Jacobellis strikes Winter Olympic gold (finally)

Lindsey Jacobellis won the first U.S. gold medal of the Beijing Olympics, winning the snowboardcross gold. It's also the first gold of her career. Jacobellis is the oldest U.S. woman to win gold.

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February 9, 2022 - 9:09 AM

Lindsey Jacobellis from the US during the women's cross snowboarding event of the 2018 Winter Olympics in the Bokwang Snow Phoenix Park in Pyeongchang, South Korea on Feb. 16, 2018. (Angelika Warmuth/DPA/Abaca Press/TNS) Photo by TNS

BEIJING (AP) — Lindsey Jacobellis is finally an Olympic gold medalist.

Let that sink in for a moment because Jacobellis has been trying for 16 years.

Jacobellis helped make the wild sport of snowboardcross famous. Who could forget her premature celebration as she approached the finish line in the 2006 Turin Games, an ill-timed board grab that sent her tumbling out of the lead? In a way, she became one of the best-known silver medalists of all time.

Now Jacobellis will be remembered as the first American gold medalist at the Beijing Olympics. She reached the top of the podium hours after Mikaela Shiffrin had another stunning early exit on the Alpine ski hill.

Jacobellis rode hard to the finish of the snowboardcross final on Wednesday, beating Chloe Trespeuch of France and covering her heart with her hands as she slowed.

Jacobellis was 20 when she made the mistake in Turin. Now 36 and in her fifth Olympics, she became the oldest U.S. woman to win a gold. The 16 years is also the longest gap between medals for any U.S. woman.

She never stopped reaching for a gold medal.

“They can keep talking about it all they want because it really shaped me into the individual that I am,” Jacobellis said. “It kept me hungry and really kept me fighting in this sport.”

A glum Olympics for the Americans actually began to brighten a few hours earlier when California snowboarders Chloe Kim and Shaun White, the defending gold medalists, had joyful rides through the halfpipe. Kim earned the top spot in women’s qualifying while White, a three-time gold medalist in his fifth and final Olympics, was fourth in the men’s qualifying.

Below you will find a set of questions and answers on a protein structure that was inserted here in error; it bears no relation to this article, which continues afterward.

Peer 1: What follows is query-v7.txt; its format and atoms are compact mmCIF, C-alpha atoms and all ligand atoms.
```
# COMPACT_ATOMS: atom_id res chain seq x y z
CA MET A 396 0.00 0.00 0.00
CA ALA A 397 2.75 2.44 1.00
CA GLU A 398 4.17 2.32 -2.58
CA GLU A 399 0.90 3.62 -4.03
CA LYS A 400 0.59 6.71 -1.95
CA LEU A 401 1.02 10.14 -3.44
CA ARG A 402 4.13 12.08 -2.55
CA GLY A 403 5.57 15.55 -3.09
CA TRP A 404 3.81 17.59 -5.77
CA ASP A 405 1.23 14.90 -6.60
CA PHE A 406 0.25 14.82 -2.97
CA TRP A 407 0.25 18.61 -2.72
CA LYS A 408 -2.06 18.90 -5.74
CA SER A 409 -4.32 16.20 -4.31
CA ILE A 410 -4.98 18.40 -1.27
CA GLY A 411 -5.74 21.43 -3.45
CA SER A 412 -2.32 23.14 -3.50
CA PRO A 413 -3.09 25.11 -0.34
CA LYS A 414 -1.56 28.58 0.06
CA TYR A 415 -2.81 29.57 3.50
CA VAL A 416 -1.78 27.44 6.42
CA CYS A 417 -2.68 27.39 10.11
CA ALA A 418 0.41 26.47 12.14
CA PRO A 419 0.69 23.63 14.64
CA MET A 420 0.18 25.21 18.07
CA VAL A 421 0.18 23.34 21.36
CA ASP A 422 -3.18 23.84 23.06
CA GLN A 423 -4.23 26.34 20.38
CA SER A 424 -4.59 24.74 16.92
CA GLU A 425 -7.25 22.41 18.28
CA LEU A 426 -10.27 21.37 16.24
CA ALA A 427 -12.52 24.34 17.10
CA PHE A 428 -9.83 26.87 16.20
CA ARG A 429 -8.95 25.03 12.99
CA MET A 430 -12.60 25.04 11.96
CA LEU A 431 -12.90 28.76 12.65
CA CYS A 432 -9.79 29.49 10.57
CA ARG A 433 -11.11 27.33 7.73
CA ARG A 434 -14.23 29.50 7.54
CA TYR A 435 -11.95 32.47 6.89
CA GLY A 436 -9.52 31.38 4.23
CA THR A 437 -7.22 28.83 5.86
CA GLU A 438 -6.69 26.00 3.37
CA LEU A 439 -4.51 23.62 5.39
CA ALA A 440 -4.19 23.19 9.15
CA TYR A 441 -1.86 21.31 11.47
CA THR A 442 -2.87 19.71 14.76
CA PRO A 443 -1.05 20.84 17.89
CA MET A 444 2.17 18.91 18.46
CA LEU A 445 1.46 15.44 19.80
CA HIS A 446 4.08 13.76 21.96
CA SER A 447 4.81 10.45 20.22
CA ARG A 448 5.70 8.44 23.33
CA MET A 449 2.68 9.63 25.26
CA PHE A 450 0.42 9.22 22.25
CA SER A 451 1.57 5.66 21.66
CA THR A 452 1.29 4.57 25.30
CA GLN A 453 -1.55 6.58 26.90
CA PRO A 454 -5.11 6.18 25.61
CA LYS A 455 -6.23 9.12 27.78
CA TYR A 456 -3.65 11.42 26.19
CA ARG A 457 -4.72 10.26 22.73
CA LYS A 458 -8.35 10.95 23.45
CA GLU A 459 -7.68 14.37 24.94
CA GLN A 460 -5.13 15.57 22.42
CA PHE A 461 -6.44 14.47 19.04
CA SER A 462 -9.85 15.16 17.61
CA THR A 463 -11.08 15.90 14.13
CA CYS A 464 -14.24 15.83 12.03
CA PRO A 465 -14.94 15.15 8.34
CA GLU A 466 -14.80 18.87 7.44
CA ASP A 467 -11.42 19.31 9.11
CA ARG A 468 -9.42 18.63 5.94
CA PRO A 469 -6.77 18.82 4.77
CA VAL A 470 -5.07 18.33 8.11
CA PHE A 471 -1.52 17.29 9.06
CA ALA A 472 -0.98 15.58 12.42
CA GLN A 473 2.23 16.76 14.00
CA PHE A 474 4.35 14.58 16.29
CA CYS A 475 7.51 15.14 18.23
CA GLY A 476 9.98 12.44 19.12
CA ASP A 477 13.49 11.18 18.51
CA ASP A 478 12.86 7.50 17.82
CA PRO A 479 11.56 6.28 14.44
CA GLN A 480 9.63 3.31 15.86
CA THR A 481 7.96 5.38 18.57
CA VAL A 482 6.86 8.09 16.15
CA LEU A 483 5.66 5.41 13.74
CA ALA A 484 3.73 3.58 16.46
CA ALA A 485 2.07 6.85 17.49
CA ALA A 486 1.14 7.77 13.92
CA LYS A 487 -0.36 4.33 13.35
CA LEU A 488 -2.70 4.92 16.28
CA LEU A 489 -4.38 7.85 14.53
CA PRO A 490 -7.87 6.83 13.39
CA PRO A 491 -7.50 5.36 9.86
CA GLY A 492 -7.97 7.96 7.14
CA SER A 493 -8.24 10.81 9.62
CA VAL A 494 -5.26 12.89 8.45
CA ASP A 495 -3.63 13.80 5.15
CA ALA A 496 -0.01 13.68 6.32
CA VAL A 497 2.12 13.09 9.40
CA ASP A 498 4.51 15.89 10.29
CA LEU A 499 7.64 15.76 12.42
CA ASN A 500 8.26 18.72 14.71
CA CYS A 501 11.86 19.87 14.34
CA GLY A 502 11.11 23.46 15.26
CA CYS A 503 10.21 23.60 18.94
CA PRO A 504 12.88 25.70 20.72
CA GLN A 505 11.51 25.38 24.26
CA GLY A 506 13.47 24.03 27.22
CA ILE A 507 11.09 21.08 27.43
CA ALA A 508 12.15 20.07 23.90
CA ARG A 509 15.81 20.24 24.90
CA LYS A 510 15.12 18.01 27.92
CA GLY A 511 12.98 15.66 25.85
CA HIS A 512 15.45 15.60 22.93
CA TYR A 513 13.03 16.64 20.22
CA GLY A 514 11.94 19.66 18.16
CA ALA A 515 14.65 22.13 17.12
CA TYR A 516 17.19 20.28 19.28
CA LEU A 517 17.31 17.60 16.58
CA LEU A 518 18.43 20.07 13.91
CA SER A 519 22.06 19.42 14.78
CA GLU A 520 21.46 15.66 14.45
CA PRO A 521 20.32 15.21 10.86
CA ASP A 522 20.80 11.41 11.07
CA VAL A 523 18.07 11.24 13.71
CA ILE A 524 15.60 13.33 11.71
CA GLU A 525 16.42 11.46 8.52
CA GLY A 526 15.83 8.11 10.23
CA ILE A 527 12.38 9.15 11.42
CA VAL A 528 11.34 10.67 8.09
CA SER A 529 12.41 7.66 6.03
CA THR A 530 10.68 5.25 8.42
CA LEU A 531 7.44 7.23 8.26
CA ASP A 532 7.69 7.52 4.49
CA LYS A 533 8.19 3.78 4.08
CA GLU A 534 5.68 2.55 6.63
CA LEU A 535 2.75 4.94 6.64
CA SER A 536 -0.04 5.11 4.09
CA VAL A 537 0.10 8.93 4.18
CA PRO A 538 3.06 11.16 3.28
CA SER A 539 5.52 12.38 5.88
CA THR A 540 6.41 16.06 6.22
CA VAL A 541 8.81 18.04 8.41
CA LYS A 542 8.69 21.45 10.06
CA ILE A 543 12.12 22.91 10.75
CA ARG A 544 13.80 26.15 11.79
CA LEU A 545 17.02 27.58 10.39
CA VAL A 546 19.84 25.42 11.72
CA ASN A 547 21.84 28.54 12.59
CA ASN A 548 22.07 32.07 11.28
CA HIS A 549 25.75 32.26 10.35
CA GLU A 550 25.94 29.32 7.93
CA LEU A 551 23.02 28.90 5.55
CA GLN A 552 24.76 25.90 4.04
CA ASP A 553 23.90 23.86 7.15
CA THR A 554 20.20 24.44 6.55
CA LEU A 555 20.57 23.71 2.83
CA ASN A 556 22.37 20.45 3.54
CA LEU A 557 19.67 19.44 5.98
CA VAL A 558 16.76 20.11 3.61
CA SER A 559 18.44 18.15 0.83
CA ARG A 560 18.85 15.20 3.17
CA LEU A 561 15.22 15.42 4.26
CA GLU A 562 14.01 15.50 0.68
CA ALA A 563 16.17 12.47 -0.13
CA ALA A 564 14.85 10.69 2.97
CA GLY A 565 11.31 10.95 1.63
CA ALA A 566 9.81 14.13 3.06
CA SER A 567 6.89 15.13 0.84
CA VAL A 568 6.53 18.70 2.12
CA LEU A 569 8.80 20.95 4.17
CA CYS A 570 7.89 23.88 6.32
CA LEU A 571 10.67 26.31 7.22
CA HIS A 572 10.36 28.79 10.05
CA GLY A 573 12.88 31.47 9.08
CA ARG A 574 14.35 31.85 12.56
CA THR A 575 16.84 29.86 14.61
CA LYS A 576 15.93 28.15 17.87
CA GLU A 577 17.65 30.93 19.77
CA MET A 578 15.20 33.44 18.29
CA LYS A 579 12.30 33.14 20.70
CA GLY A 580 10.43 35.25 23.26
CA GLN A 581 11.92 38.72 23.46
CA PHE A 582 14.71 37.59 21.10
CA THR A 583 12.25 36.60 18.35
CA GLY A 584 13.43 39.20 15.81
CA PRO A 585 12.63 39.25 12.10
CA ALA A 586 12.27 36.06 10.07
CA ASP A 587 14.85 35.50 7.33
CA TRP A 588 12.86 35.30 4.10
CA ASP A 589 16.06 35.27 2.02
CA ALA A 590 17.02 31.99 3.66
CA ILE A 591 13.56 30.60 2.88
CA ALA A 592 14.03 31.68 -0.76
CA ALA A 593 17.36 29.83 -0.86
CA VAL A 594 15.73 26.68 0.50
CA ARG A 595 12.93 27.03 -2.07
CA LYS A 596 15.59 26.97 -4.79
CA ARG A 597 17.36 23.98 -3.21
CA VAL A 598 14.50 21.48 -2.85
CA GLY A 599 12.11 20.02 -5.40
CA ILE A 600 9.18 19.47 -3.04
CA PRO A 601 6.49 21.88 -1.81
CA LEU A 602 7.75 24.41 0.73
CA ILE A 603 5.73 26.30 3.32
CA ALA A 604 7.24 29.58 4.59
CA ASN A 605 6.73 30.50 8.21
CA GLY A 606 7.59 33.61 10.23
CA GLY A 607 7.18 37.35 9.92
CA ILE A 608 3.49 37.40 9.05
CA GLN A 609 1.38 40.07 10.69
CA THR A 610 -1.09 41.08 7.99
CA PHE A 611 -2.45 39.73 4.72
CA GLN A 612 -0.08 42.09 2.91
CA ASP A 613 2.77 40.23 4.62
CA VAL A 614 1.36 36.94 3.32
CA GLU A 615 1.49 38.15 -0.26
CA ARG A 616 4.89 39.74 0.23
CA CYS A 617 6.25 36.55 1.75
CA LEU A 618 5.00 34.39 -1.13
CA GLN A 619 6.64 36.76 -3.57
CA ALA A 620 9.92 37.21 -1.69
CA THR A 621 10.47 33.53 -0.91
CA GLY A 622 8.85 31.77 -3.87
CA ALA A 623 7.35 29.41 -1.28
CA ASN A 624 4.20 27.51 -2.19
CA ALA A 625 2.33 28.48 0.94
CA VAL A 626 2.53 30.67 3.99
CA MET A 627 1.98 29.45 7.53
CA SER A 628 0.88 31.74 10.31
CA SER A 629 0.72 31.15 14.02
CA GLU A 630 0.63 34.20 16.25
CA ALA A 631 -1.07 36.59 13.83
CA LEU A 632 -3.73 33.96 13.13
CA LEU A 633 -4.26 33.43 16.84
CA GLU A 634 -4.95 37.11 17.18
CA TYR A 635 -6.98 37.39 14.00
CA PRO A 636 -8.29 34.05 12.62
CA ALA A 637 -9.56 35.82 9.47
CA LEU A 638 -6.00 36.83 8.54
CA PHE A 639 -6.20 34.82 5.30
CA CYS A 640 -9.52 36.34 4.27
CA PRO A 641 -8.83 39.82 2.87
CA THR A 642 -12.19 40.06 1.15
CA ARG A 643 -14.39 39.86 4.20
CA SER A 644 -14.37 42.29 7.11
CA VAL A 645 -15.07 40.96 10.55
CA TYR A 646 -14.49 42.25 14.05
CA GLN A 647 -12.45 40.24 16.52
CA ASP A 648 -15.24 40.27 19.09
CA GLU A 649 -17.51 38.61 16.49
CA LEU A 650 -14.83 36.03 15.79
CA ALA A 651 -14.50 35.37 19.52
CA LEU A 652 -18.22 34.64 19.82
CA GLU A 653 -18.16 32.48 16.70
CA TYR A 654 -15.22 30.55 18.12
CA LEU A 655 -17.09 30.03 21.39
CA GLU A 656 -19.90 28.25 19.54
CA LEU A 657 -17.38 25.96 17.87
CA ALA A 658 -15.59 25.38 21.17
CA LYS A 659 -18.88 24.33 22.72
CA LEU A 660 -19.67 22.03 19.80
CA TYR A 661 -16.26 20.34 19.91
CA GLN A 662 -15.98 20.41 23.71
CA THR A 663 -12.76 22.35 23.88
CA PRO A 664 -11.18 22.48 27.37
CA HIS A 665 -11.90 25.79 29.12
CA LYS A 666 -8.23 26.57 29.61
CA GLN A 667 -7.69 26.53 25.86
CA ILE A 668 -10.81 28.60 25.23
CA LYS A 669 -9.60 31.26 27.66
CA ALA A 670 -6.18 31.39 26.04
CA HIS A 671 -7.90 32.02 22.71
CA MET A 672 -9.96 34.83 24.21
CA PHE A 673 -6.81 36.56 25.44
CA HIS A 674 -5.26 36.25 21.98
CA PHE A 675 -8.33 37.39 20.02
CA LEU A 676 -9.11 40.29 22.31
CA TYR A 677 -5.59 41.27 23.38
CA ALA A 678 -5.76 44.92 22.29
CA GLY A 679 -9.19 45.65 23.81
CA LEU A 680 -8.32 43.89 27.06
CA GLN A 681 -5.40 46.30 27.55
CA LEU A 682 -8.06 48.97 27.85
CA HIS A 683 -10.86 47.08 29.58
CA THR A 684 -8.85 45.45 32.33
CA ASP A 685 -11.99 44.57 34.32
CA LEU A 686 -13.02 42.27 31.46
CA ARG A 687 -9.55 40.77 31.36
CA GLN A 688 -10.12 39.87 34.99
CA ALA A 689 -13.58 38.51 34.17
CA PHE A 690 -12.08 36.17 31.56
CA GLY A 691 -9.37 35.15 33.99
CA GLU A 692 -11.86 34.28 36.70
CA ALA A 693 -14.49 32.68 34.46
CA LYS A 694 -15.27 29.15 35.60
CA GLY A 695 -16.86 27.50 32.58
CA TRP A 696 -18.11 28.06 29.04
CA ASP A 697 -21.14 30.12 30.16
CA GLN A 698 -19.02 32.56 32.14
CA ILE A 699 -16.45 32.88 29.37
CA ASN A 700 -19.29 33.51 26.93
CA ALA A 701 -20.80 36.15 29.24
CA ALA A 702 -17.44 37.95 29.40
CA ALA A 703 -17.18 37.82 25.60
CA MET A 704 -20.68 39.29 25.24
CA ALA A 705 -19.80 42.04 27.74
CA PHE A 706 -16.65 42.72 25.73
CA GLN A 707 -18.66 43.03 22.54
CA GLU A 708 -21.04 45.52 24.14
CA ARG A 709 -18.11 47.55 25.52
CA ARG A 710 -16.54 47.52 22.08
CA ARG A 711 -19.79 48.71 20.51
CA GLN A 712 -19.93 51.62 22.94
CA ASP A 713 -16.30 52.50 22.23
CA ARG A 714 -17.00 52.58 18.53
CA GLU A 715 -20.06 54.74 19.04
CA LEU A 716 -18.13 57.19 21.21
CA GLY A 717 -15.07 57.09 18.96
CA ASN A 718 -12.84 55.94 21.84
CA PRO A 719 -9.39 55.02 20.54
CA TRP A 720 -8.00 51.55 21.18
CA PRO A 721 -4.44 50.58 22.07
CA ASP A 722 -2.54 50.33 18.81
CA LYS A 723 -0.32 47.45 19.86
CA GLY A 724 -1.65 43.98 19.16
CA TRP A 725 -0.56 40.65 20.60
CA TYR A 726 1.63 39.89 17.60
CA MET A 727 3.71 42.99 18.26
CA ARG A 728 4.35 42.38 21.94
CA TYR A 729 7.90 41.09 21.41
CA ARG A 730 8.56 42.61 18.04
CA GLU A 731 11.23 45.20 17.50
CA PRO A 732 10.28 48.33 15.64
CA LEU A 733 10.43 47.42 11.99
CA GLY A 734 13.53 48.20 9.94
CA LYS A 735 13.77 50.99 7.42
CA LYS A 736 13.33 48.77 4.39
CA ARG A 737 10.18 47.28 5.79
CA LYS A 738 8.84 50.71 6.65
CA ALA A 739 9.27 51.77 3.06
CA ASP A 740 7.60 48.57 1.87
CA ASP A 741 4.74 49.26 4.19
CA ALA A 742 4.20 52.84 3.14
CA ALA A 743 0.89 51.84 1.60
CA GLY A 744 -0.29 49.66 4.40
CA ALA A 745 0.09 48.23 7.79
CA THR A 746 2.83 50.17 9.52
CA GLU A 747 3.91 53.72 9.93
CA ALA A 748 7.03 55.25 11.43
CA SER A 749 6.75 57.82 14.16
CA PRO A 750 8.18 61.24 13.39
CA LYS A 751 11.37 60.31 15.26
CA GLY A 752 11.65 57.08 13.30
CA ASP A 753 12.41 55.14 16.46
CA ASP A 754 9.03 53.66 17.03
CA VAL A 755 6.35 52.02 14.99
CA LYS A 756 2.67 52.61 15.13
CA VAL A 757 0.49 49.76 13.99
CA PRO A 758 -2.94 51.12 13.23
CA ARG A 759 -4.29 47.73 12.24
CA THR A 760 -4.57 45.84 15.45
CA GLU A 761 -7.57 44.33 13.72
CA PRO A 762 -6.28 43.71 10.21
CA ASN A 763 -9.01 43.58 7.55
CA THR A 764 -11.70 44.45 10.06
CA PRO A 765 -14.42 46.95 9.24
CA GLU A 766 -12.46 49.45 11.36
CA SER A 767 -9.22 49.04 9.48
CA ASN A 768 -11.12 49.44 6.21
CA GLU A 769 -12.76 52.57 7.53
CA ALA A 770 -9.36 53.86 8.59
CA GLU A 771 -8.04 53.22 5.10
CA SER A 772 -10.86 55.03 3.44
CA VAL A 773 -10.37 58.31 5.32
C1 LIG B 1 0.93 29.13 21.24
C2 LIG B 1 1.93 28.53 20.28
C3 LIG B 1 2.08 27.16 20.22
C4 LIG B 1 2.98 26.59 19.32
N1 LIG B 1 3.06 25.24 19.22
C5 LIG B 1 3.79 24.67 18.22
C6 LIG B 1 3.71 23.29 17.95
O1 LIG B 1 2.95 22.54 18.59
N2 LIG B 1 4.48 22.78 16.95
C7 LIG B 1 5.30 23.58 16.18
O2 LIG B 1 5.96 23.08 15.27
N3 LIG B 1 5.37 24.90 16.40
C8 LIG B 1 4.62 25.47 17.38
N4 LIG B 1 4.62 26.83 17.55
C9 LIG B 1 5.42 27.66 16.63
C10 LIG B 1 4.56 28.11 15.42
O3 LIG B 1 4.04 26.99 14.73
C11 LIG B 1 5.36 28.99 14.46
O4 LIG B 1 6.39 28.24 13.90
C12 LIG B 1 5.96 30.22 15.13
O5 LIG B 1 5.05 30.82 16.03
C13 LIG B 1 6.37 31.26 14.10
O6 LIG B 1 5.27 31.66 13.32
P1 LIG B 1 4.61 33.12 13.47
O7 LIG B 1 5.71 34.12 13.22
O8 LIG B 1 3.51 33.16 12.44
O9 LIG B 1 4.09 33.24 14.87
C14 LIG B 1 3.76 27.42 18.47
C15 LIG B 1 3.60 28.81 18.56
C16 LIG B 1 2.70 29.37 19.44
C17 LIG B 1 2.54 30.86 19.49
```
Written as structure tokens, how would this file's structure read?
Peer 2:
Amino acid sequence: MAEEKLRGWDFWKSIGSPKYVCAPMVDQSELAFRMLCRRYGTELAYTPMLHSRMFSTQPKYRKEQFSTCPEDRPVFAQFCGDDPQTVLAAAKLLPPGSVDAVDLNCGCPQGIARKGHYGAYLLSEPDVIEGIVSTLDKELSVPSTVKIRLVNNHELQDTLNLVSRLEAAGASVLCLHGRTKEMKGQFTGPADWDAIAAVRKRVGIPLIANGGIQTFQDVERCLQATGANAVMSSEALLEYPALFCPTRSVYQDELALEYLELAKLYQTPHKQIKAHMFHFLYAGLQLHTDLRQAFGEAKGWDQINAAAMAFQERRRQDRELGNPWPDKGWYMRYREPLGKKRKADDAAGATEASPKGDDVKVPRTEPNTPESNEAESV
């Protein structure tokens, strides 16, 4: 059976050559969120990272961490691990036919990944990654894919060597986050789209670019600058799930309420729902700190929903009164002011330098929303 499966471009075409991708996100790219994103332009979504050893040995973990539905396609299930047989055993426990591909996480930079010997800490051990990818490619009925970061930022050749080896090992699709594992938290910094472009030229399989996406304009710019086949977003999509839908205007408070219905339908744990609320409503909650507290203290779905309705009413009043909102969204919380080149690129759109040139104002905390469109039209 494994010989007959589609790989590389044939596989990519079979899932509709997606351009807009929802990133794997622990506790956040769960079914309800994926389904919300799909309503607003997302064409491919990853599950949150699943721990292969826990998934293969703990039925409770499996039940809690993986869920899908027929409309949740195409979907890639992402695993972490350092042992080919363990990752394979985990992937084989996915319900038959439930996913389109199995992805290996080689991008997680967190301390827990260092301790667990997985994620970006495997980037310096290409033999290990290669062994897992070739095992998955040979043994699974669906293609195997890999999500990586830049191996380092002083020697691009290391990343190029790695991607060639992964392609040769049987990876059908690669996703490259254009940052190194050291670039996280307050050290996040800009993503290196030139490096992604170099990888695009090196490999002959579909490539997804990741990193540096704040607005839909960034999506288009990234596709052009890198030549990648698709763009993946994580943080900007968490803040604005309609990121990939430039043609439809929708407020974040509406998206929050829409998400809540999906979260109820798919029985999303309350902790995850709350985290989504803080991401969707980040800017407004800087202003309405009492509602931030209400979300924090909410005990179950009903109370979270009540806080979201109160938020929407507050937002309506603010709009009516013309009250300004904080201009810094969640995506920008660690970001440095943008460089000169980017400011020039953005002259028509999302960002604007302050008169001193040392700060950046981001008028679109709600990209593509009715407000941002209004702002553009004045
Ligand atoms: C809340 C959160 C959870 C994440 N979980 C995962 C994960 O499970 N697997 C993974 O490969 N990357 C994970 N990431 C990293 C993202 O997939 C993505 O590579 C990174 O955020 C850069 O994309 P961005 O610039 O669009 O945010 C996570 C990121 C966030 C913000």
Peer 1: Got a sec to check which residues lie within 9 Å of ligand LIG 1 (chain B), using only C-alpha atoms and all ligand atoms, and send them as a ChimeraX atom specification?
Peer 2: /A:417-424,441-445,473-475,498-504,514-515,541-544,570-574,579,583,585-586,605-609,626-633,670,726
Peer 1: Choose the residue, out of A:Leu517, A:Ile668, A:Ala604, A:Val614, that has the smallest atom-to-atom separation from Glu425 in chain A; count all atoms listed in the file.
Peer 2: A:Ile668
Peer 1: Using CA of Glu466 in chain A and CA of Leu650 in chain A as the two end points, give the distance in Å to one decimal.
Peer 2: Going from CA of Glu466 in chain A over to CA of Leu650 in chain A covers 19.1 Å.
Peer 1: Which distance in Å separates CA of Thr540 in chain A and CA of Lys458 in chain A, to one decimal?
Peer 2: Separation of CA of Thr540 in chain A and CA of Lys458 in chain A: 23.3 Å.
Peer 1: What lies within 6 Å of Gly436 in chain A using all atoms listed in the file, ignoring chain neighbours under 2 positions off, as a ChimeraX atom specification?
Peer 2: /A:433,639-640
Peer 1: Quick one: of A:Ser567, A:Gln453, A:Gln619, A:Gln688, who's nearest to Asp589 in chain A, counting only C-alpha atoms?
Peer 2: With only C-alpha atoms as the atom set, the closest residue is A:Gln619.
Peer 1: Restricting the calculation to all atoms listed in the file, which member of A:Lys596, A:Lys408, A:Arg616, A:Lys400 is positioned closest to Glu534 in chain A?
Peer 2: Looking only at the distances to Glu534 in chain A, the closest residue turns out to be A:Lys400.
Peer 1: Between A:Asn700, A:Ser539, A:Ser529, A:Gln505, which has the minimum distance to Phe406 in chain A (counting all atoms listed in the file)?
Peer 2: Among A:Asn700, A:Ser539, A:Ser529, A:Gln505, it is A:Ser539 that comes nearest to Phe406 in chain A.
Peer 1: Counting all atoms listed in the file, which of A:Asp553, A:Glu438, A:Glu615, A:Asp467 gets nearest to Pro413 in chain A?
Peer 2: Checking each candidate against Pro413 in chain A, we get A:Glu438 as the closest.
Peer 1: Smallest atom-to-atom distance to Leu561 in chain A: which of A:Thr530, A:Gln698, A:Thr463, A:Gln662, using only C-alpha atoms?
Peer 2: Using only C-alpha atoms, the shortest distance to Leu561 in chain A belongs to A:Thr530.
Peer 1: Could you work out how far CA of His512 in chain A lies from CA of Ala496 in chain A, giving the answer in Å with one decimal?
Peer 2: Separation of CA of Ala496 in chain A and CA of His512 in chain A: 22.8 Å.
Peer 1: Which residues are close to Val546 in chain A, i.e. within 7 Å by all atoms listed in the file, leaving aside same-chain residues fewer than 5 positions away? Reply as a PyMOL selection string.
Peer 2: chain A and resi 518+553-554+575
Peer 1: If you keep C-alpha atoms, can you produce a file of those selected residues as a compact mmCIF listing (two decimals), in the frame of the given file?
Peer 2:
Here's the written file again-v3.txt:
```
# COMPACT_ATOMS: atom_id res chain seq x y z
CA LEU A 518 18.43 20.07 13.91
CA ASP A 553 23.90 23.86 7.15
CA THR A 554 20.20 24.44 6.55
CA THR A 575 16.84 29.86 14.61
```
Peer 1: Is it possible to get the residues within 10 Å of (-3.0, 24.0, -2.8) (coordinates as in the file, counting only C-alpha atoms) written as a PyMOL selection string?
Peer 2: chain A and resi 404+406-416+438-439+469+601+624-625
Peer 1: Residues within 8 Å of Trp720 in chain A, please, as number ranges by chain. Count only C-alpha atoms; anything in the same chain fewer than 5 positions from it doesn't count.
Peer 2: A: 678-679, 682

Jacobellis’ performance lit up the Genting Snow Park.

“This feels incredible because the level that all the women are riding at today is so much higher than it was 16 years ago,” Jacobellis said.

Jacobellis said she’d advise young riders to not let mistakes define them. “Especially if you’ve made it to this stage, you’re a winner. And look at what you’ve learned from the experience and take that with you later in life.”

SHIFFRIN’S LETDOWN

Mikaela Shiffrin arrived in Beijing heavily favored to add to her collection of two Olympic gold medals but instead is 0 for 2, a shocking development that has left her shaken.

She skidded out just a few seconds into the slalom, a quicker exit than two days earlier when she crashed out of the super-G.

“I’ve never been in this position before and I don’t know how to handle it,” said the teary-eyed Shiffrin, who won the slalom at the 2014 Sochi Games and the giant slalom at the 2018 Pyeonchgang Games.

The seventh racer on Wednesday, she began losing her balance and teetering out of control just four seconds and four gates in. She swerved too far as she veered to her right and she ended up way wide of the fifth gate.

“I was pushing and maybe it was past my limit.”

There was nothing left to do but ski to the side of the course known as the Ice River, click out of her skis and sit on the ground, her head resting in her arms.

“GS and slalom, those were my biggest focuses. So it really feels like a lot of work for nothing,” she said.

Shiffrin had planned on entering all five individual Alpine races. Her next opportunity could come Friday in the super-G, but she raised doubts about that.

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